As lawmakers haggle over a medical marijuana program to replace one passed by voters but shot down by the Mississippi Supreme Court, state Agriculture Commissioner Andy Gipson says because marijuana is still federally illegal, he doesn’t want to help oversee any program.
“All of us elected officials took an oath of office to ‘faithfully support the Constitution of the United States … and obey the laws thereof,'” Gipson wrote in a letter to Attorney General Lynn Fitch copied to lawmakers. “… please explain how this office or the Department (of Agriculture) could legally license the growing and/or processing of a marijuana crop in violation of federal law.”
Lawmakers proposed legislation this year, and are considering measures now, that would have Gipson’s agency license and regulate marijuana growers and processors. Initiative 65, passed by voters in November, would have had the state Health Department oversee the entire program, although it could have brought other agencies in to help. The state Board of Health had opposed the Health Department being put in charge of the program, and opposed Initiative 65 as well.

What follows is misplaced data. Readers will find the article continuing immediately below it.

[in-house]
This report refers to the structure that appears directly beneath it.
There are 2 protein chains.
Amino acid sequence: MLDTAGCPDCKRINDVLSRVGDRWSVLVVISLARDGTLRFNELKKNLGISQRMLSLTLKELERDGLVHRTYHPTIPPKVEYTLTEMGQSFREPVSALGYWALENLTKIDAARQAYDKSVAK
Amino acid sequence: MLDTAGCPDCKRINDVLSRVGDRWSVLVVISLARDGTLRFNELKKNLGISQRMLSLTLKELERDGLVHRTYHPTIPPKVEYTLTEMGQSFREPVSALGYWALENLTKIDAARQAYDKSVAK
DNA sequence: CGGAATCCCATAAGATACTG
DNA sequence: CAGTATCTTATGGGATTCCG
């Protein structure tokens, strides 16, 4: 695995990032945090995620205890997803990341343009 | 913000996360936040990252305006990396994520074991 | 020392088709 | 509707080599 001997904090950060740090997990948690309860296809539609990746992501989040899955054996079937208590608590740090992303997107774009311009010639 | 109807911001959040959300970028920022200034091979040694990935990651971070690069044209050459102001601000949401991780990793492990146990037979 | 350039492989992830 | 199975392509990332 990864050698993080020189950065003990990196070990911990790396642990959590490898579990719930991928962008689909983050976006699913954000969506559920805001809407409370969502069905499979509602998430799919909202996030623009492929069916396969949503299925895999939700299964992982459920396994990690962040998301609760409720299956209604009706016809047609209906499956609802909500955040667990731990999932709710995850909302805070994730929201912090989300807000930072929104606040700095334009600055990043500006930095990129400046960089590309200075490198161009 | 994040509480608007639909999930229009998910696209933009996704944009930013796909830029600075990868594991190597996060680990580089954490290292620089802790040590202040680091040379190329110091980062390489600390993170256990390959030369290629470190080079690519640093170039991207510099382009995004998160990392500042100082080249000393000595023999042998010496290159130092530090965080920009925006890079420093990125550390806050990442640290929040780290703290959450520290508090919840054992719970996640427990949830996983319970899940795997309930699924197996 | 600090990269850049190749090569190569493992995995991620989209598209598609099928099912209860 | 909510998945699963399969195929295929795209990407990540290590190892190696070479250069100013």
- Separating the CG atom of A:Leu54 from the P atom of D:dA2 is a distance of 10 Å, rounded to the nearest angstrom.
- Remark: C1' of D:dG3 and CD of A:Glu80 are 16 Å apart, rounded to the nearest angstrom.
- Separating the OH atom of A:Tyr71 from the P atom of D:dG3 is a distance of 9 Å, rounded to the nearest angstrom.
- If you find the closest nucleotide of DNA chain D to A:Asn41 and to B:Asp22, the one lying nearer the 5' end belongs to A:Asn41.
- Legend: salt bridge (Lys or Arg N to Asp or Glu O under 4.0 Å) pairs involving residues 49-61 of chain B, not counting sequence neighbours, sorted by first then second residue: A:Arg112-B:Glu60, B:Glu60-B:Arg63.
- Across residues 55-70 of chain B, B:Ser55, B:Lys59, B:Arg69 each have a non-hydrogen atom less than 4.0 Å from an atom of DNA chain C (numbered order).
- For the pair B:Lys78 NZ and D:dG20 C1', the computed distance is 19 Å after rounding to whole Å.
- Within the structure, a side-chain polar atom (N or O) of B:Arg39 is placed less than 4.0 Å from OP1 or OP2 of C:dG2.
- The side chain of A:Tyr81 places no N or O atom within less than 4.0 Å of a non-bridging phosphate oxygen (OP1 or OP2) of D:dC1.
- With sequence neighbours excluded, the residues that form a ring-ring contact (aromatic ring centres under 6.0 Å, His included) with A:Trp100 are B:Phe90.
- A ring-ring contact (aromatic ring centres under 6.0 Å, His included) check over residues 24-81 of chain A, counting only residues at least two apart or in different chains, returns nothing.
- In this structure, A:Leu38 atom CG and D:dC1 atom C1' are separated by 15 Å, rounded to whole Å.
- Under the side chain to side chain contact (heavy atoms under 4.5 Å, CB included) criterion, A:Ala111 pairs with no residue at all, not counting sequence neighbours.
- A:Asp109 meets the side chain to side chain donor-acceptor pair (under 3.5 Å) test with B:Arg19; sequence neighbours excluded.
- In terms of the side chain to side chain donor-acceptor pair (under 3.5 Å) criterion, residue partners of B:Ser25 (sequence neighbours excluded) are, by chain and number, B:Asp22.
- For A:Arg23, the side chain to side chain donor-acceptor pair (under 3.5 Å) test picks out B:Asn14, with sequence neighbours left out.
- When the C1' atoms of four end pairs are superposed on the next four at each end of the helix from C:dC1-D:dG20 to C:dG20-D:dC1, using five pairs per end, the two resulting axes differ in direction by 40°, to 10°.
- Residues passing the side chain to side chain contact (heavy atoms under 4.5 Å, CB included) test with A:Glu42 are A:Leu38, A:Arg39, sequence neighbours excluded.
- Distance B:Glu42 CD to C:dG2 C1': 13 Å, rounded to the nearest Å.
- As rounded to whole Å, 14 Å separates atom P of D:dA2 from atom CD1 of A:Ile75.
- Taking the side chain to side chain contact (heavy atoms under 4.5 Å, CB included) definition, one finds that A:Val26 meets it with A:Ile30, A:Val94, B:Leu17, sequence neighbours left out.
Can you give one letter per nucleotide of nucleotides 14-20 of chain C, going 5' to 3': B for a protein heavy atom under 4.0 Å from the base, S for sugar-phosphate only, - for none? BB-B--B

Gipson, in a Supertalk radio interview on Friday, said he does not see how his office could participate in a program that is still federally illegal. He said he already has a legal challenge drafted if lawmakers approve such a measure.
Sen. Kevin Blackwell, R-Southaven, who’s leading Senate negotiations on a medical marijuana program, on Friday said he had not spoken with Gipson, but noted that many of the 38 states with medical marijuana programs have their agriculture agencies providing oversight.
In his letter to the attorney general, Gipson said: “If the Mississippi Legislature were to enact and the governor were to sign into state law a medical marijuana program, how would it be legal under the federal act to truck, ship, deliver, manufacture, distribute or dispense any part of the cannabis seed or plant as a Schedule 1 substance into the state of Mississippi?”
While marijuana remains federally illegal, federal authorities have looked the other way as many states have legalized medical or recreational use. Congress has failed to act on the issue. This has caused problems with banking and finances for the industry and with interstate commerce.